'Raising The Age' Of Juveniles Has Some WNC Officials Wary, Despite Support In Raleigh
The push to ‘Raise The Age’ of juvenile jurisdiction from 16 to 18 has been a long-fought battle in North Carolina. Support for that change is growing this year, on both sides of the aisle, but it has some in Western North Carolina wary.
North Carolina’s current law, passed in 1919, says that anyone charged with any crime whatsoever, will be tried as an adult starting at age 16. New York is the only other state with such a law. Critics in the Tar Heel State call this obsolete and counterproductive.
Rob Thompson is a senior policy advisor at NC Child, a state youth advocacy group:
“I do think that a message that we should be sending is, and it’s maybe the opposite of the one that we are sending is that kids make a lot of mistakes, and they deserve second chances. We need to do what we can to get that kids life back on track—not make it worse.”
In previous years, lawmakers on both sides of the aisle have filed bills seeking to make the change from 16 to 18 years-of-age, but always ended up dying in committee. This year, it’s different. House Bill 280 was introduced in early March by Henderson County Republican Chuck McGrady, and it has four primary sponsors—three Republicans and one Democrat. On top of that, the bill also has 68 co-sponsors—a majority of representatives, evenly split down the aisle.
“Which is the most I’ve ever seen on a bill,” that’s William Lassiter, deputy secretary of juvenile justice for the North Carolina Department of Public Safety. “We’re really excited about it, and it’s evenly split between Democrats and Republicans. The current piece of legislation wouldn’t be implemented until December 1, 2019, and so that would give the state the time it would need, and getting the resources they need to be ready for this change. It’s really important that we get it right.”
Previous incarnations of the measure were killed due to fears of appearing soft on crime, or creating unfunded mandates for state and local governments. After nearly a decade of efforts to raise the age on behalf of lawmakers, this year’s incarnation finally has it right, says Lassiter.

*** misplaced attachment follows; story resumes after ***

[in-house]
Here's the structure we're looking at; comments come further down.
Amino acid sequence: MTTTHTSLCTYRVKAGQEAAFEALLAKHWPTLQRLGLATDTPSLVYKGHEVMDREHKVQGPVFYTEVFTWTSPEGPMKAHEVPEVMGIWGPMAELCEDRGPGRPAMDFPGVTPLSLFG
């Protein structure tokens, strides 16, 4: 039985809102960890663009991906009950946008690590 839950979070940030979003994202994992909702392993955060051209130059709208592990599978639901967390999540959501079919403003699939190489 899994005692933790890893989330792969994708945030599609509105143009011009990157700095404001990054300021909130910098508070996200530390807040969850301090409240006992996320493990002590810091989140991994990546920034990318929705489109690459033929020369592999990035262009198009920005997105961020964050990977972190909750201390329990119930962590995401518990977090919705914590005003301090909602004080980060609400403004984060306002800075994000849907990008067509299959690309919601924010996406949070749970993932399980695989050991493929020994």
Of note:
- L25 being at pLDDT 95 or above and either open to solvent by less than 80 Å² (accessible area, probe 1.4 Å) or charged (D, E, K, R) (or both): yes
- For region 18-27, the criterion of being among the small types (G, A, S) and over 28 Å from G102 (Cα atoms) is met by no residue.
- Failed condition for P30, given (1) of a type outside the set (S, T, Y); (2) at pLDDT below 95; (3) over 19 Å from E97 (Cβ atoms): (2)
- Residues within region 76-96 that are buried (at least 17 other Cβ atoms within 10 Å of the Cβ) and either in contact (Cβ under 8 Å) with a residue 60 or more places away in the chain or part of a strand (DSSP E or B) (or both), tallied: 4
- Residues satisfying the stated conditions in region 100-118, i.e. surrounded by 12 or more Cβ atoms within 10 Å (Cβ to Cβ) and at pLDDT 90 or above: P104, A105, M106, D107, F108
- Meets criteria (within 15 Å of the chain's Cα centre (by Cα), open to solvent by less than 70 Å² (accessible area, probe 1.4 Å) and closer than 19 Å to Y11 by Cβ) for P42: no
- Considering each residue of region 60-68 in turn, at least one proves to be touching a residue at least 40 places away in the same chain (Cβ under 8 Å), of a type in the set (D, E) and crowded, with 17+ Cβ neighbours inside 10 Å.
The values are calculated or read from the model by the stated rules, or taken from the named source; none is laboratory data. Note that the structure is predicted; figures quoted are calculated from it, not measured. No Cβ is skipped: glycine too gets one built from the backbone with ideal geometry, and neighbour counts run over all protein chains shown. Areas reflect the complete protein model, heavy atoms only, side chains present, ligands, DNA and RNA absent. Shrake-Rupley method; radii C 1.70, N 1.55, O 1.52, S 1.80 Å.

“The big difference between this bill and past bills is that that work was done. We went and met with stakeholders, we talked to stakeholders, about what their concerns were. Is there someone out there that still may disagree? Quite possibly. But what I would say is this was a compromise bill that reflects all the stakeholders that are involved in the criminal justice system in the state of North Carolina.”
He adds that, aside from studies showing that a human brain isn’t fully developed until 25, there are economic implications to be considered. Like being able to get a job, go to school, join the military or find a residence.
“We believe in the long run that this is going to save the state lots of money, but, more importantly, it’s the right thing to do. The juvenile justice system for a lot of 16 and 17 year olds would be the last resort that could save them from a life of criminal behavior.”
For former juvenile offenders like 24-year-old Kaylin Frame, House Bill 280 is a step in the right direction, albeit too little too late for someone like her. Back in high school, Frame was having an argument with her girlfriend at the time. It didn’t go well, she explained, so she stormed off for class.
“By the time I get to the door, there’s somebody grabbing me by my shoulder, and I didn’t know who they were so I just threw an elbow back like ‘don’t touch me’.”
It turns out, that ‘somebody’ was a school resource officer grabbing her shoulder.